How to cast plastic?

Hi, I want to make a plastic toy. Specifically the blades of a helicopter. What kind of plastic do I need to use? I think I can get epoxy resin and the curing agent.

Could you guys give me some insight into how you make your plastic models? i.e. do you carve the molds and cast it or something?

I'm rather new and confused about the whole process I'm afraid so I need a helping hand insofar as description and advice goes.

Thanks in advance to those who reply.

Reply to
Loading thread data ...

You carve or otherwise fabricate the master copy of your part, then cast the mold around it (in as many pieces as is necessary to be able to separate the part from the mold).

Reply to
St. John Smythe

i buy mine ready made. scratching a whole kit is a bit beyond my skills.

Reply to

Scratchbuilding an entire kit is a very complex task, generally beyond the abilities of a beginner. Nearly everyone on this newsgroup buys commercial kits, which are molded from styrene in tooled steel or copper molds. These molds cost hundreds of thousands of dollars to design and machine. If you want to create a cottage industry kit at home, you would have to make the original parts from any material you can carve or sculpt. Depending on the shape of the part, it can be carved and sanded from wood, styrene plastic sheet, or acrylic, or it might be sculpted from epoxy putty. This part then serves as a master to make an RTV rubber mold. The master is removed from the cured rubber, then a casting medium would be poured in, usually a two-part polyurethane resin (epoxy is thicker and doesn't hold detail as well--it also attacks the rubber, reducing the mold's life). Polyurethane resin kits must be assembled with super glue, as solvent based cements do not affect them, but they can be painted using normal hobby paints. Note that these materials are fragile and are only suitable for display models. If you actually want to make a child's toy that won't be destroyed instantly, you would need to use a softer, tougher plastic like vinyl or polyethylene. These must be injection-molded in steel molds and are beyond abilities of the home manufacturer.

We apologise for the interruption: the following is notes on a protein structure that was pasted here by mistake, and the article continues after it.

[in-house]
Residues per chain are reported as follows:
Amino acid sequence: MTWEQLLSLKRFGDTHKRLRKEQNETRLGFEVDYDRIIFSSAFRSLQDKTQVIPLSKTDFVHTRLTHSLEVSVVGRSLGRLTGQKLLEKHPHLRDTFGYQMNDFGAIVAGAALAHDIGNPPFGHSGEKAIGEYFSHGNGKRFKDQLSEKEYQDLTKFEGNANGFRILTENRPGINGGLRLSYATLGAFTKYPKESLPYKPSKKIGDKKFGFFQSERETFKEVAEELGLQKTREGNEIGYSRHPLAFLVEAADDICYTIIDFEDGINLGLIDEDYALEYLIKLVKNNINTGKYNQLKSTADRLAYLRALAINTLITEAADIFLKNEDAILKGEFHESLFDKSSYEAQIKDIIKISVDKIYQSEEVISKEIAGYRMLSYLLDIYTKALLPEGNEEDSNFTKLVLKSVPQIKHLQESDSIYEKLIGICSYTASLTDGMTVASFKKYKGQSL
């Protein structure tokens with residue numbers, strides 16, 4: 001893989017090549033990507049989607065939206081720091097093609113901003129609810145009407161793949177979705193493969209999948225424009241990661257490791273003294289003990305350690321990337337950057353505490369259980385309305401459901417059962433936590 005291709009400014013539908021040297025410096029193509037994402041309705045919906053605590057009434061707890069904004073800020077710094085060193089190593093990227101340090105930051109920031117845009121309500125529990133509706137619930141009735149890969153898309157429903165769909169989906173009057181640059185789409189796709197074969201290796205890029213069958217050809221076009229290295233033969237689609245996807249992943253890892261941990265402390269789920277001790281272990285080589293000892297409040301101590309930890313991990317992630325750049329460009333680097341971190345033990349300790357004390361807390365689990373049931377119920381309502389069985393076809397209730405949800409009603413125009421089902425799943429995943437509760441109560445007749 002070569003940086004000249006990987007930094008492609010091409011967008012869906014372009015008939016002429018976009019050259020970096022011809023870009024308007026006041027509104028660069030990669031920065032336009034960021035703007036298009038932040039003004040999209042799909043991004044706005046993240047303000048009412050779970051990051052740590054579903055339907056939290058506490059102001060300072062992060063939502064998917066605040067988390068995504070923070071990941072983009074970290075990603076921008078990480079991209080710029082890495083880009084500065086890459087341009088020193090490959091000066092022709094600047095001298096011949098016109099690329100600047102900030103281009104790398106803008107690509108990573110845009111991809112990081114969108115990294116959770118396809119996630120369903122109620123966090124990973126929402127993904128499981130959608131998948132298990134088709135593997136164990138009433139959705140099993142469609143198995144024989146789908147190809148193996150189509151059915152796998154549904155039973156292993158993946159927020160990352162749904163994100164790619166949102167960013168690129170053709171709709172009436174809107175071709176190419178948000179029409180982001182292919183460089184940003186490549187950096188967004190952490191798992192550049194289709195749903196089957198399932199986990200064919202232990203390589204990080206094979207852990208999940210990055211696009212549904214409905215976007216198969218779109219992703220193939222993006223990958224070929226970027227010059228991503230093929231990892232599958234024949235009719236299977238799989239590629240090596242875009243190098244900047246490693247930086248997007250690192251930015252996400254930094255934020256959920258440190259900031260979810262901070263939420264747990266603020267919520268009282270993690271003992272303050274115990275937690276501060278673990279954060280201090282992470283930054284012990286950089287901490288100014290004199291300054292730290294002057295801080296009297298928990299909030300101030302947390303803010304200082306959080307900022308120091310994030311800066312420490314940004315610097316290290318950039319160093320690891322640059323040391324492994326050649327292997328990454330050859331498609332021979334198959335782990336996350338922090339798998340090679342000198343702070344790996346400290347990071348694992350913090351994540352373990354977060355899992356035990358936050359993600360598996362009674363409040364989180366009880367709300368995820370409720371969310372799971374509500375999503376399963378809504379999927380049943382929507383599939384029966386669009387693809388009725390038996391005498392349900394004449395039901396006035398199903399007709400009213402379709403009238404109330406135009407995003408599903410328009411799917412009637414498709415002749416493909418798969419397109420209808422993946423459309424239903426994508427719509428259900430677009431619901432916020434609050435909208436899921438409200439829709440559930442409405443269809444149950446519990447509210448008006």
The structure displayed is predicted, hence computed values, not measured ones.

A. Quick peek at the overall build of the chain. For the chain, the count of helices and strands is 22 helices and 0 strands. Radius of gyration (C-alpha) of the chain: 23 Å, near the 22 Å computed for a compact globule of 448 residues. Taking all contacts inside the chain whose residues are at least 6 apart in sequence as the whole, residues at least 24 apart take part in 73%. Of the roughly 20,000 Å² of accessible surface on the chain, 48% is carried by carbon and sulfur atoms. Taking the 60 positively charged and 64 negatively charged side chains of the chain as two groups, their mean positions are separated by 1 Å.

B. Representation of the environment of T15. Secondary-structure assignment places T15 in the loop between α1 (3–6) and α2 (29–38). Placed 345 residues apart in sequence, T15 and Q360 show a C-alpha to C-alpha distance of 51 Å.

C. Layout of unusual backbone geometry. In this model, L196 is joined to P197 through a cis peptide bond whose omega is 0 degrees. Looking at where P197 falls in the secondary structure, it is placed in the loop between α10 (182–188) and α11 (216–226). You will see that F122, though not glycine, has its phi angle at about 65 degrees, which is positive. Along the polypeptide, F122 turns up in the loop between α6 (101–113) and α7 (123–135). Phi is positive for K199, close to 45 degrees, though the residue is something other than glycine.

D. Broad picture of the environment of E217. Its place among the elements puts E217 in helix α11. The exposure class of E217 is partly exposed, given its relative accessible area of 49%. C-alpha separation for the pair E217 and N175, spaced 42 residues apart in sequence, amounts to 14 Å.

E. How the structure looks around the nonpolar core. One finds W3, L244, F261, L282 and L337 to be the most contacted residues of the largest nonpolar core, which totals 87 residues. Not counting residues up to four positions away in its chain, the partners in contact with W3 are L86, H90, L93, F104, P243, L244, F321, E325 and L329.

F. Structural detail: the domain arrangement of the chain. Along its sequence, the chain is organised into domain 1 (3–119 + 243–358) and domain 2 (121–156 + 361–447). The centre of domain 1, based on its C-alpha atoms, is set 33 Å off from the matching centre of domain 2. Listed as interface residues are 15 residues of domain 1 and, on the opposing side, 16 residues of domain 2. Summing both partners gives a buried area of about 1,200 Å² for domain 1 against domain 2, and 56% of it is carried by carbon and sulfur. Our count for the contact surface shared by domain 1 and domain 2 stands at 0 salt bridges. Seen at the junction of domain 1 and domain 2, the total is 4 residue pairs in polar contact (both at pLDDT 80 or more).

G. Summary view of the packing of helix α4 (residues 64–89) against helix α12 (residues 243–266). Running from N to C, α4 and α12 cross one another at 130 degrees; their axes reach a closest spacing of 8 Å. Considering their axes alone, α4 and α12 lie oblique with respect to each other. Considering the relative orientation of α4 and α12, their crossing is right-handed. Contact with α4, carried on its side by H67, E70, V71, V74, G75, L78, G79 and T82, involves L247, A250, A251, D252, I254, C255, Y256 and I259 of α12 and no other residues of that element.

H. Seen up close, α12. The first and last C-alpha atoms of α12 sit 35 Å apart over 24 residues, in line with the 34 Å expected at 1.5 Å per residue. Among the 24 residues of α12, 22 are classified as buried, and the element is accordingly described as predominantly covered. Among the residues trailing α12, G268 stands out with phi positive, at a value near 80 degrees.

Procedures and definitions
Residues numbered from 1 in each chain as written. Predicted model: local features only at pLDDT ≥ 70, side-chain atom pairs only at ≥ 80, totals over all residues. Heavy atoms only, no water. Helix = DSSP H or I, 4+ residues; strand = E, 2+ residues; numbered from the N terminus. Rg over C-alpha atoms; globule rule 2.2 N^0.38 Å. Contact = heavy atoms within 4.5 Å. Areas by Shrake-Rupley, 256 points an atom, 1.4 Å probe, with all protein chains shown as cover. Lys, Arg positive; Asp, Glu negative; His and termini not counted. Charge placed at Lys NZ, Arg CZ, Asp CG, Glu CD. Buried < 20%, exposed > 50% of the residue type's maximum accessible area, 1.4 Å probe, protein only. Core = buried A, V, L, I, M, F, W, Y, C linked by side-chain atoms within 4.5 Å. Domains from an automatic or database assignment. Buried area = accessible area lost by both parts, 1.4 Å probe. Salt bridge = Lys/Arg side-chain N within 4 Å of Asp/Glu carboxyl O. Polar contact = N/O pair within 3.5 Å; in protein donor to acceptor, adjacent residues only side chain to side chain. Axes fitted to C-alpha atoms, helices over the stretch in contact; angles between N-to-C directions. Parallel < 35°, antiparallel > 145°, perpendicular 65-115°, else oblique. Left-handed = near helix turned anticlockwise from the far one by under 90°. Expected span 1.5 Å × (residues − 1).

Reply to
Gerald Owens

he never said he wanted a flying model it could be he just wanted a static one

Reply to
Mr Fixit

refer to Alan's Hobby, Model & RC Web Links

formatting link
section = "Fibreglass, Carbon, Resin Moulding & Casting Cowls, Spats,Canopies "

Covering Models With Fibreglass Cloth by Jim Ryan Fibreglass or make your own FG hull Fibreglass Techniques & Information FibreGlast.Com How To Articles = Spars, Molds, Parts, Skins & U/C How To = Ironsidz Model Car Tech - Resin Casting etc. Molded fuselage - how to pictures The Cheap Little Sucker - make a vacuum pump Vacuum Bagging Wings Water based Polyurethane skin glassing

and lower down =

Mold, Cast & Vacuum Form items yourself FAQ inc pictorials (see also Fibreglass etc section)

"Fibreglass Techniques & Information"

Model Car Tech Molding & Casting Mold Making Plastex = Plastic Repair or make copies of parts - Kits Plastic Bonding Vacuum Form Vacuum Former - make you own and usuage. Vacuum Former - email Alan for home made & DIY canopy etc. Vacuum form - Pictorial instructions _ click thumbnails for full text. Woodland Scenics - make latex molds, cast plaster etc

regards Alan T. Alan's Hobby, Model & RC Web Links

formatting link

Reply to

I do a lot of scratch building, but don't do much casting. The only time I cast parts for a scratch project is when I need to make at LEAST three or four identical pieces. Otherwise it is easier to just make the pieces by carving or fabricating. Last year I did a ship model that required 13 hatches, and a similar number of deck fittings. I did cast the fittings and hatches from urethane resin.

But for hulls, fuselages, car bodies, etc., where there is just one per project, I generally carve from scratch.

An excepti> Scratchbuilding an entire kit is a very complex task, generally beyond

Reply to
Don Stauffer

PolyTech Forum website is not affiliated with any of the manufacturers or service providers discussed here. All logos and trade names are the property of their respective owners.